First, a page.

Linda's Reviews > The Great Silence

The Great Silence by Juliet Nicolson
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Jun 27, 10

Read from June 26 to 27, 2010

Nicolson's last book looked at "The Perfect Summer" in England in 1911 just before WWI. "The Great Silence" looks at life in Britain in the first years immediately after the war when most of the country seems to be coping with life by not talking about the war or mentioning those who didn't come home. She looks in particular at the moment of silence that has been observed annually since 11/11/1919 (noting only Americans were too busy to stop) and the unveiling of the Cenotaph along with the interment of the Unknown Solider on 11/11/1920. It's the period between the "falling silent of the guns and the roaring of the 1920."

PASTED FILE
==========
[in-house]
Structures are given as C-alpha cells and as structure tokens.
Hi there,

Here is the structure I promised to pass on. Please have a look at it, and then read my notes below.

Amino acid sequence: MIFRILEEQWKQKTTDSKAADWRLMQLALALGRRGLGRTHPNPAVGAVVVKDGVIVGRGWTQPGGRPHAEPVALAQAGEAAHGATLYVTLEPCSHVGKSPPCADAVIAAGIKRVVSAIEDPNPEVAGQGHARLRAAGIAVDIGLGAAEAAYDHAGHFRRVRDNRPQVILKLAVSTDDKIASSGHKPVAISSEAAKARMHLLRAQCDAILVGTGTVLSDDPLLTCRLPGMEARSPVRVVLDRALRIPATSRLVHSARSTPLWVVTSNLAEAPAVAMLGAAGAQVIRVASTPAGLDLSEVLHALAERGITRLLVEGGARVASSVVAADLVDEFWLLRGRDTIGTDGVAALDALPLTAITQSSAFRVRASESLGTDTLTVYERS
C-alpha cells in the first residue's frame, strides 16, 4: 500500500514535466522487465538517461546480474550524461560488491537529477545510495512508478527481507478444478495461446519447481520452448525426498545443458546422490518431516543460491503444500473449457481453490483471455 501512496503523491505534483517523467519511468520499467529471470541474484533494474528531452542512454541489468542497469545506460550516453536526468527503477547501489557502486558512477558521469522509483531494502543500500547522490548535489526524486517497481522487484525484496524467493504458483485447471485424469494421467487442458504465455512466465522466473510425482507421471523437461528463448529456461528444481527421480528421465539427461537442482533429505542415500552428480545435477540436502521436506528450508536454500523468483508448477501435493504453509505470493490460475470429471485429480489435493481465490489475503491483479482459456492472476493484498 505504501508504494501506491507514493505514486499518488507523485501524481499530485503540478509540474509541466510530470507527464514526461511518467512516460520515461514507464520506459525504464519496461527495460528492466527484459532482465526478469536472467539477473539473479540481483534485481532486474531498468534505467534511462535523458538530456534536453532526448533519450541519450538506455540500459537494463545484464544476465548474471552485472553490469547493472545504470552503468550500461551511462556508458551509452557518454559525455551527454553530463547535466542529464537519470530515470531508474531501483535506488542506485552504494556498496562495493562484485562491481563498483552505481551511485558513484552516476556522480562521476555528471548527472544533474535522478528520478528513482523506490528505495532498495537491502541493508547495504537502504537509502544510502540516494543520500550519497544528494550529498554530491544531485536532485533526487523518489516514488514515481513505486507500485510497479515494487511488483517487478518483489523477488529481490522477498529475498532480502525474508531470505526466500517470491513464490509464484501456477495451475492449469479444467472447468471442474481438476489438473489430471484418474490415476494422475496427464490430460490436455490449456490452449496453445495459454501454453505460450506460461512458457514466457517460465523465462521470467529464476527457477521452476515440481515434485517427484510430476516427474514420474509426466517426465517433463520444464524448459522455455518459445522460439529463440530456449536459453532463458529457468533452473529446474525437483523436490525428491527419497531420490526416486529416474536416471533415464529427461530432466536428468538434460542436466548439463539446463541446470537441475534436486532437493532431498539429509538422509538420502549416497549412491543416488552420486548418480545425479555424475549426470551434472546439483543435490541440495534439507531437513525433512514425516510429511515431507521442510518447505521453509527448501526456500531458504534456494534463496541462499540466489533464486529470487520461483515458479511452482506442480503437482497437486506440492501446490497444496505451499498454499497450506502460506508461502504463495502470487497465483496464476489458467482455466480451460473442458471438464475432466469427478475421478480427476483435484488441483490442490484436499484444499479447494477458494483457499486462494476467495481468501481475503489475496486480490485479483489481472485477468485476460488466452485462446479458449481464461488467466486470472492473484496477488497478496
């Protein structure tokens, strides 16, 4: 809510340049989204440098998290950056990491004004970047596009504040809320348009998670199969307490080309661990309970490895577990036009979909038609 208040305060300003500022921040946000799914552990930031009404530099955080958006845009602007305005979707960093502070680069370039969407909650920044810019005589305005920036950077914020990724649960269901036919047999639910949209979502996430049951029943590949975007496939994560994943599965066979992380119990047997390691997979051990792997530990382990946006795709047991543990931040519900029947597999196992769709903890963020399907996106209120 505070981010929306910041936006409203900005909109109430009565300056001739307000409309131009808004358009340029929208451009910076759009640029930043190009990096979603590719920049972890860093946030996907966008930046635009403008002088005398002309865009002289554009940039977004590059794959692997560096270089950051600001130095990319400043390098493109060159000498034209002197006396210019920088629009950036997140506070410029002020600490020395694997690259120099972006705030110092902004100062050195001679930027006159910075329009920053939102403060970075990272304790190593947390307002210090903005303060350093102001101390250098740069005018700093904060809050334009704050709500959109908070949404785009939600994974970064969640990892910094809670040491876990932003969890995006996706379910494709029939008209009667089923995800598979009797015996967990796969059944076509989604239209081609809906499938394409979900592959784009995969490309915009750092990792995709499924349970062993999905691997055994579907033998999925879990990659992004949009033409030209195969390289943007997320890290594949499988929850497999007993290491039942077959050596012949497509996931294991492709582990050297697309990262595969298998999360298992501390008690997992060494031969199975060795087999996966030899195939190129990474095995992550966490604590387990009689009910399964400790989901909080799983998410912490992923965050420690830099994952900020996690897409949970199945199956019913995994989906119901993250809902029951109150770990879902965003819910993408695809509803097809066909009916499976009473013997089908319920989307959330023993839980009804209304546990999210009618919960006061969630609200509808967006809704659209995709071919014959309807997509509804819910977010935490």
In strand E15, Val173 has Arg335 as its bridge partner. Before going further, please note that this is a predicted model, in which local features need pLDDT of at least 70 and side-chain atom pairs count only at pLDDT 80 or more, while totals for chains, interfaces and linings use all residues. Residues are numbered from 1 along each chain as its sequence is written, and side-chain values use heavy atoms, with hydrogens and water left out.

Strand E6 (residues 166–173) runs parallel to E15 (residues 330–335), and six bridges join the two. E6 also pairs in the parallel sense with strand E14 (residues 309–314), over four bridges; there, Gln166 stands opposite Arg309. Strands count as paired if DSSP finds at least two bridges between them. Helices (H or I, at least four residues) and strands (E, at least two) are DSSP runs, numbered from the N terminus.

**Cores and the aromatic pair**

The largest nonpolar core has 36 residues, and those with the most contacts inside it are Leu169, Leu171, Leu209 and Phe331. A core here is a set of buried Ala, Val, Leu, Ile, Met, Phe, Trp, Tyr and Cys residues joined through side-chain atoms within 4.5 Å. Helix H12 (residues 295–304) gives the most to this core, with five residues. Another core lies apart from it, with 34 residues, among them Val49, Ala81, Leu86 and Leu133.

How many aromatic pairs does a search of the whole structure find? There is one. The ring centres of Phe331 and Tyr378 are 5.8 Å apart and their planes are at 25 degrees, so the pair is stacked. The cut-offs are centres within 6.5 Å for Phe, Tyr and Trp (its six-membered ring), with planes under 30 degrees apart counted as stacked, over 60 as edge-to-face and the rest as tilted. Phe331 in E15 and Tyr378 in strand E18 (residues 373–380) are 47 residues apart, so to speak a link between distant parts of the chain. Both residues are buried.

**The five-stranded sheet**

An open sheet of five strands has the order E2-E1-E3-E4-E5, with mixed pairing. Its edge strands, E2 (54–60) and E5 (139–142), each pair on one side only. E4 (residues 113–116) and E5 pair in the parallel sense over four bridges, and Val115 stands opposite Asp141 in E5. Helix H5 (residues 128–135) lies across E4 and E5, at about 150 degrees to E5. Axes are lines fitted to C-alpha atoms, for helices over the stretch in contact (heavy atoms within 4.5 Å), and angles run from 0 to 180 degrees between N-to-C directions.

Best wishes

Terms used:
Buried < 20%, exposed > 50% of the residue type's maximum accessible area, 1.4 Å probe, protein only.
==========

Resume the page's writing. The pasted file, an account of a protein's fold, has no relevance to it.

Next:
But what makes this such a fascinating read is that Nicolson weaves together hundreds of stories and statistics into a complex tapestry whose strands never become tangled. The cast includes everyone from the Royal family to Vera Brittain, from the doctor who virtually invented plastic surgery to Nellie Melba, from T.E. Lawrence to the Original Dixieland Jazz Band. What is noteworthy is that there are so many women in NIcolson's tale — war widows, the first woman MP, university graduates, war workers and domestics — all make numerous appearances.






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